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On this tour with Andrew W.K., and in their collaborations with musicians from a wide range of musical styles, The Calder Quartet’s mission has been to blur boundaries, erase expectations, broaden musical horizons, and give audiences a fresh listen to both traditional works and contemporary composers. They regularly conduct “musical experiments”, such as the one this evening and their (marvelous) performances with The Airborne Toxic Event, which is how I first discovered them.

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‘Friendly Gestures #4 and #5’ (Fred Frith) was a hilariously quirky interplay of musical misteps between the piano and members of the quartet. An earnest yet clumsy attempt at trying to find common ground, symmetry, resulting in humorous dissonance. Tension builds, tempers become frayed, and patience finally, in the end, wears thin.

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‘Interface’ is a lovely piece of music with an interesting story. Composer Tristan Perich is the inventor of the one-bit synthesizer, a curious minimalist synth housed in a CD case which produces a nice, uncluttered electronic sound. The combination of this with strings proved quite stunning.

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Christine Southworth‘s “Honey Flyers” was an intense musical maelstrom, inspiring a sudden vision of riding through a dark forest on a stormy night in a horse-drawn carriage. Dunno; just saying. The violin took human form midway through, screaming like a hysterical woman. Then soft, wistful cries over a terse backbeat of viola and cello. An extraordinary work, beautifully executed. This piece is often performed with a Bot(i)cello, an electric string robot designed by Christine Southworth and others at Ensemble Robot. Although the Bot(i)cello had the evening off, it was still very beautiful.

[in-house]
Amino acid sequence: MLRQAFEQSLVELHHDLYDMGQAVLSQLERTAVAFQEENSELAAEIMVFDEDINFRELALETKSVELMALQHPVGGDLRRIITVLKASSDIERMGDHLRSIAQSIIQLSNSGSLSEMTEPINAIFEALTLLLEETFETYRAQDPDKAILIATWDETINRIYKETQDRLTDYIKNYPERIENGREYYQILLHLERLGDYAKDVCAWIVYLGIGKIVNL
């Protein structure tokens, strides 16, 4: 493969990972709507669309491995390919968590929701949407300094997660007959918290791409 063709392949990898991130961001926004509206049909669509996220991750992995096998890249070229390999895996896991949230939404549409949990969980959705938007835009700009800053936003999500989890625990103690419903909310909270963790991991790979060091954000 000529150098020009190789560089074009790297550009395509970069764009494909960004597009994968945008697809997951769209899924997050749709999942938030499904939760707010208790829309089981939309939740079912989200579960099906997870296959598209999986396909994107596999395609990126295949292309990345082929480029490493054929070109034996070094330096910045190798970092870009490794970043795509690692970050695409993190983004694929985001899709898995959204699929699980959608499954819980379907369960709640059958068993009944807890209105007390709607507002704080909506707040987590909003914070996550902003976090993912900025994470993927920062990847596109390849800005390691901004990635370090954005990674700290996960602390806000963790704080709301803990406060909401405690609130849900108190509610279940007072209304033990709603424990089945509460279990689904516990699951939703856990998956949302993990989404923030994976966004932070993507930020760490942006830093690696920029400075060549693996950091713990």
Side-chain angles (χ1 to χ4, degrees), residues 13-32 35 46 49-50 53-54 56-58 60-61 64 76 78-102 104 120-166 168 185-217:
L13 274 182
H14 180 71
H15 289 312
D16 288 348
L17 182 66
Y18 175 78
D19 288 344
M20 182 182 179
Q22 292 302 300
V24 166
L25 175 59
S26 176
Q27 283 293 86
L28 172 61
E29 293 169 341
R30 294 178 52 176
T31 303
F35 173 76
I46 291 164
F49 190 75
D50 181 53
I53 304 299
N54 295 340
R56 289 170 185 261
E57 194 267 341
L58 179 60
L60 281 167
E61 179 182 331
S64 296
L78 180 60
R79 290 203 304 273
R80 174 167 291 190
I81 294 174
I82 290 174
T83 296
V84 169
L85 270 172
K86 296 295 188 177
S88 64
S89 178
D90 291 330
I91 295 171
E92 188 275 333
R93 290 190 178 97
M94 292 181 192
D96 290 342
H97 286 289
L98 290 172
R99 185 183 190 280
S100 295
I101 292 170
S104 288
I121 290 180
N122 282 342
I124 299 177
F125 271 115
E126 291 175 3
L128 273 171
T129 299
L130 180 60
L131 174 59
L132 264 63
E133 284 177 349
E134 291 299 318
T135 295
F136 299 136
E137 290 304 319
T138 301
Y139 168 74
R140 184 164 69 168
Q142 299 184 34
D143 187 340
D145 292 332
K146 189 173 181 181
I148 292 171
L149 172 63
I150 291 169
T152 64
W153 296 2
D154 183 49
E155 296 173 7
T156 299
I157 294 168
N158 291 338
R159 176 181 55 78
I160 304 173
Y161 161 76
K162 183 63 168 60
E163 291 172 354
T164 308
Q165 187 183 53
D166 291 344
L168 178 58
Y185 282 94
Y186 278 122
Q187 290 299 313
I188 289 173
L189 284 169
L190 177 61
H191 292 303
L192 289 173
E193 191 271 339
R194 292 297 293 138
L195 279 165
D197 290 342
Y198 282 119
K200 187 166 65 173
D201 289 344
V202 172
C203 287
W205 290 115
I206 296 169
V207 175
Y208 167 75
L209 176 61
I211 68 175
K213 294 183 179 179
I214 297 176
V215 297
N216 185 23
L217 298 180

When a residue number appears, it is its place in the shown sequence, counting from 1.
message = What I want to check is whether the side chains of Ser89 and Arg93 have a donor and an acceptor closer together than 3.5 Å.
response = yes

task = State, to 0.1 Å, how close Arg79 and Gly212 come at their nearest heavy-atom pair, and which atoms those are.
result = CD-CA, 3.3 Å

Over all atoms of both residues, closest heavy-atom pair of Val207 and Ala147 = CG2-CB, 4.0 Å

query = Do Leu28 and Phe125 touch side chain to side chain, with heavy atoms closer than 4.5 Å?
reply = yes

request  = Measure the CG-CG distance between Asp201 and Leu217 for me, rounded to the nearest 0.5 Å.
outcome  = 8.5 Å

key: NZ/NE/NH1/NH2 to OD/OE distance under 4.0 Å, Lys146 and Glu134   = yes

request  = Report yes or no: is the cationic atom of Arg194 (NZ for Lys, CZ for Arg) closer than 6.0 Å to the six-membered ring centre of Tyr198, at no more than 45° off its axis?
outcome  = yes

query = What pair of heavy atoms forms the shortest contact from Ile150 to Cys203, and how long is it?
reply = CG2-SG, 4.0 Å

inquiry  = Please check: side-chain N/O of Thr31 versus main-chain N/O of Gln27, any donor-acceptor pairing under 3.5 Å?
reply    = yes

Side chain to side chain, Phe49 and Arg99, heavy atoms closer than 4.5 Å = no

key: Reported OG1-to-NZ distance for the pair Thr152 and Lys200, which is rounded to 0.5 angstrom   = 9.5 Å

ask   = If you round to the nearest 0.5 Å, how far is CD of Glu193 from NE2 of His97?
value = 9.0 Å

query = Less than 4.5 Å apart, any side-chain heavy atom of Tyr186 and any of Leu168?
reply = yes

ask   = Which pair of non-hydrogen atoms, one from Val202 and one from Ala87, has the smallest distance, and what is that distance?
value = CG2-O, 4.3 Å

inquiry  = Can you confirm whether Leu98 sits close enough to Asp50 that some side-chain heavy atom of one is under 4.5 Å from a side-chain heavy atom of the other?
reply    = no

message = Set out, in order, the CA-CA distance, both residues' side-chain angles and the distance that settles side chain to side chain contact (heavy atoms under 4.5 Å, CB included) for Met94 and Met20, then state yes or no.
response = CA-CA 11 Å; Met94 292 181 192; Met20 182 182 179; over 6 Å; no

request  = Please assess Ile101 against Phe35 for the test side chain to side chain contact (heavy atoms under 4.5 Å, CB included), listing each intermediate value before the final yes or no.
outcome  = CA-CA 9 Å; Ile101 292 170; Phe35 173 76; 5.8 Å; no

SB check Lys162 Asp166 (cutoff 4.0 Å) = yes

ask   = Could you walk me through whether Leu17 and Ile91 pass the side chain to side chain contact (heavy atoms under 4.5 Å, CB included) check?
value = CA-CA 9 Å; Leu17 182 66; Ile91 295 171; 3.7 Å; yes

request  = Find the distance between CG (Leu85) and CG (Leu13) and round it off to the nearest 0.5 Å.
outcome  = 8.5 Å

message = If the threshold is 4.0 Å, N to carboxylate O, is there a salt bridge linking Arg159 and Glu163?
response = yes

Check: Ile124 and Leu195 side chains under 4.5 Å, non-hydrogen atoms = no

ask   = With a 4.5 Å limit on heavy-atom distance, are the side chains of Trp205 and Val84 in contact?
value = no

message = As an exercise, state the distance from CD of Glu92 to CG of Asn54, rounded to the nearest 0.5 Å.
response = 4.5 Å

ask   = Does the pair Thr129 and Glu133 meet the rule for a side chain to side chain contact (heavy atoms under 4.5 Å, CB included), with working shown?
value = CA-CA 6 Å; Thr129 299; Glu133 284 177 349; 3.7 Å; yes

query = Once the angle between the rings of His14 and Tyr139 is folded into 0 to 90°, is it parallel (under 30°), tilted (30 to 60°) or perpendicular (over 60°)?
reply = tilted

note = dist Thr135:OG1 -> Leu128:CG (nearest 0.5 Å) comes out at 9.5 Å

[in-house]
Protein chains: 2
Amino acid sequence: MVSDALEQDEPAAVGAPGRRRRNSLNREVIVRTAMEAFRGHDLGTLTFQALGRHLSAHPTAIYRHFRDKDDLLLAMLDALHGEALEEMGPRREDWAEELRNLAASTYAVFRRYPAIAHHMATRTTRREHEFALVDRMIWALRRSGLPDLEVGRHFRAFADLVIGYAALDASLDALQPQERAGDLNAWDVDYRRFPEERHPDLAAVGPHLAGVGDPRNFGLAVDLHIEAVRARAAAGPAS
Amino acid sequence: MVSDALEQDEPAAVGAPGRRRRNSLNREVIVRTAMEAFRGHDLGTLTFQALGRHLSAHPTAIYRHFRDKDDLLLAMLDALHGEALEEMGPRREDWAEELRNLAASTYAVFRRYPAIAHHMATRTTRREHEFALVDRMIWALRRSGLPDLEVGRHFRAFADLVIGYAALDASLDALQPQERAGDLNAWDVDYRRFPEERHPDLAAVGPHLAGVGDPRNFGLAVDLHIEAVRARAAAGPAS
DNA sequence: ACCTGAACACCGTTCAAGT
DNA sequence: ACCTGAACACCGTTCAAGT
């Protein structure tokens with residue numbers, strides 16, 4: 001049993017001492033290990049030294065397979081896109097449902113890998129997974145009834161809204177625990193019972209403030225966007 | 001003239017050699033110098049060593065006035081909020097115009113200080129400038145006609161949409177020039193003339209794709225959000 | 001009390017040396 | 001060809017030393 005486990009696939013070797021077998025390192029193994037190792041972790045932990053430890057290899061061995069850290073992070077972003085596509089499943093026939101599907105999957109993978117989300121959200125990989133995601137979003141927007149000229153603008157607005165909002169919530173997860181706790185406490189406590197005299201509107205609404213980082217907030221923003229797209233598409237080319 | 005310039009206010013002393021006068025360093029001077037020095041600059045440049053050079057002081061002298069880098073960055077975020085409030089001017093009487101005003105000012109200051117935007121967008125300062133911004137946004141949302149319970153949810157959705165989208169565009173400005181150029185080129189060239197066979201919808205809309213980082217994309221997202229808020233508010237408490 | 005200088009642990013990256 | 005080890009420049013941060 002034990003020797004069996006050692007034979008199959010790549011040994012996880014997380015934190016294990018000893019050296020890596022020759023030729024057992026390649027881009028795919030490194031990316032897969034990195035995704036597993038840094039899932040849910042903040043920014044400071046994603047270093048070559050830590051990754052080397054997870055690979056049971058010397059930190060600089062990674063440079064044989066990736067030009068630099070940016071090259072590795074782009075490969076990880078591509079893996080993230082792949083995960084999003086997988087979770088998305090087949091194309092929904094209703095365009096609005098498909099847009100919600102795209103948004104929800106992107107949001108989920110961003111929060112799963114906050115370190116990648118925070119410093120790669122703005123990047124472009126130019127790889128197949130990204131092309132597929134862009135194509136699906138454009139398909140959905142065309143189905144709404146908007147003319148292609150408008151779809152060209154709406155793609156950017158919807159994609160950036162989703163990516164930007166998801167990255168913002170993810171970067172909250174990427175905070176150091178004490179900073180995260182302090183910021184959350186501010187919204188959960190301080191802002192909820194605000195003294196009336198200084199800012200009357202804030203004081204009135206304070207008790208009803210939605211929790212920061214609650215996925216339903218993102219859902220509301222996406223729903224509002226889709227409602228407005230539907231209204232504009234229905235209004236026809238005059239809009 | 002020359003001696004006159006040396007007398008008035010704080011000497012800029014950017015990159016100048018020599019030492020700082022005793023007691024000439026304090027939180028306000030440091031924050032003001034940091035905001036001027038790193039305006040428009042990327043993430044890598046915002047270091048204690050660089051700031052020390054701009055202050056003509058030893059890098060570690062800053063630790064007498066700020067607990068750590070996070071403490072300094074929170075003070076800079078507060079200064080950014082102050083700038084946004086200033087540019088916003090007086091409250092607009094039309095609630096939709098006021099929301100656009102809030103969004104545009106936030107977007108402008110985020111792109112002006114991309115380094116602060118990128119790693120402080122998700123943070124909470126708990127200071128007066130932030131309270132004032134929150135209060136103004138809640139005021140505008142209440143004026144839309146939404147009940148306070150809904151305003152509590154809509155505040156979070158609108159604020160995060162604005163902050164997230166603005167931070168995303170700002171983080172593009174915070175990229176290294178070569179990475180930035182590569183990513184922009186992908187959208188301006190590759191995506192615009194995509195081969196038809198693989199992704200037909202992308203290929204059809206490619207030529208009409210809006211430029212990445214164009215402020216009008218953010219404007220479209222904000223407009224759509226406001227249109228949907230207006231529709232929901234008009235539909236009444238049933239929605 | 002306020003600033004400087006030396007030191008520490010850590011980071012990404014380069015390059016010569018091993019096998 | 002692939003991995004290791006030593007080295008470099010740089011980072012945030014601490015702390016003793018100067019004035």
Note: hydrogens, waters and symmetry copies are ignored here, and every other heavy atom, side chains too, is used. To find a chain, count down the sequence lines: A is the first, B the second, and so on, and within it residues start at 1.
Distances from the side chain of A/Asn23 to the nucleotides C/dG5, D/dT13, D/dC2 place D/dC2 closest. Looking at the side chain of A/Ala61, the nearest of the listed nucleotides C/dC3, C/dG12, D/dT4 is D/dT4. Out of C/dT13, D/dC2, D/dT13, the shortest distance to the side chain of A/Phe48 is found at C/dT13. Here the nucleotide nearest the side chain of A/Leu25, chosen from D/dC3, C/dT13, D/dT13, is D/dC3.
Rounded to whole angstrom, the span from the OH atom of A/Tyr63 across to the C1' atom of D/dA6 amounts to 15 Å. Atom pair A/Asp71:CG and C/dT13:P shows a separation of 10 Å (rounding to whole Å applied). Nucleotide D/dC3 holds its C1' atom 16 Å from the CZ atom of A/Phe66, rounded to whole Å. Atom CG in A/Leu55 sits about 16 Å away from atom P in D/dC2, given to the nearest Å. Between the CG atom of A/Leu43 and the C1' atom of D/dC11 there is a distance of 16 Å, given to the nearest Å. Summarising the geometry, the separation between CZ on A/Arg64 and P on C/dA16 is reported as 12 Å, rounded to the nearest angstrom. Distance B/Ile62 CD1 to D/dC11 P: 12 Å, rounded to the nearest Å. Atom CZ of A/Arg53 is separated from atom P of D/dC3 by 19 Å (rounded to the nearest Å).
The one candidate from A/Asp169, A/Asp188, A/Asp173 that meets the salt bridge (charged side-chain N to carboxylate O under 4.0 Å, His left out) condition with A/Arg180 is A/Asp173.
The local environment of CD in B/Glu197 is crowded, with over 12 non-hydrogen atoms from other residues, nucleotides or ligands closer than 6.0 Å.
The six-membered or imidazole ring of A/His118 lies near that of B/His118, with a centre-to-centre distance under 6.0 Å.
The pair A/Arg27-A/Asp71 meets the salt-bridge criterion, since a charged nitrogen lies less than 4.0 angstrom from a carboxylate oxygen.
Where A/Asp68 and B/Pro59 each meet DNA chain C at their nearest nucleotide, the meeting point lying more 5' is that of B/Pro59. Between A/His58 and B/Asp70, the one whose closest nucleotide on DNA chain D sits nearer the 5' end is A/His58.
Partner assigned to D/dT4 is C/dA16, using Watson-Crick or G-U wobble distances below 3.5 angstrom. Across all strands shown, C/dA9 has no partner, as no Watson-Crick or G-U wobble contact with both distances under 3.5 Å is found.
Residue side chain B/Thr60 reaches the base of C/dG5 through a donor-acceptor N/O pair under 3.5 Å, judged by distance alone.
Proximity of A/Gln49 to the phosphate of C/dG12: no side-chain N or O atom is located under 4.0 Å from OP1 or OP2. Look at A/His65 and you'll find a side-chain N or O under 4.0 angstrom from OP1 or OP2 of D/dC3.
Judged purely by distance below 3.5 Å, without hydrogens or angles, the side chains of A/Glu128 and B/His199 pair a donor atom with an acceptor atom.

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Small glimmers of Andrew W.K. quirkiness in the first half of the show turned into full-on craziness in the second. After a breathless and exhilarating Philip Glass piece (ahh, it’s been a long time since I’ve heard Philip Glass performed live; wonderful, just amazing), there was a solo piano improvisation that started out pretty and got crazy at the end. From there, a truly weird rap by Mr. W.K. which seemed like a heartfelt appreciation to be in Boston and starting this tour of their ‘Grand Experiment’ and I’m sure it was, yet it was delivered in a strange, vaguely Hispanic accent. Then a long introduction for the crowd favorite “I Get Wet”, and this sounded like a radio signal periodically cutting out, so that you caught every fifth word or so. Strange dude. The thought ‘Victor Borge meets Ozzy Osbourne’ crossed my mind.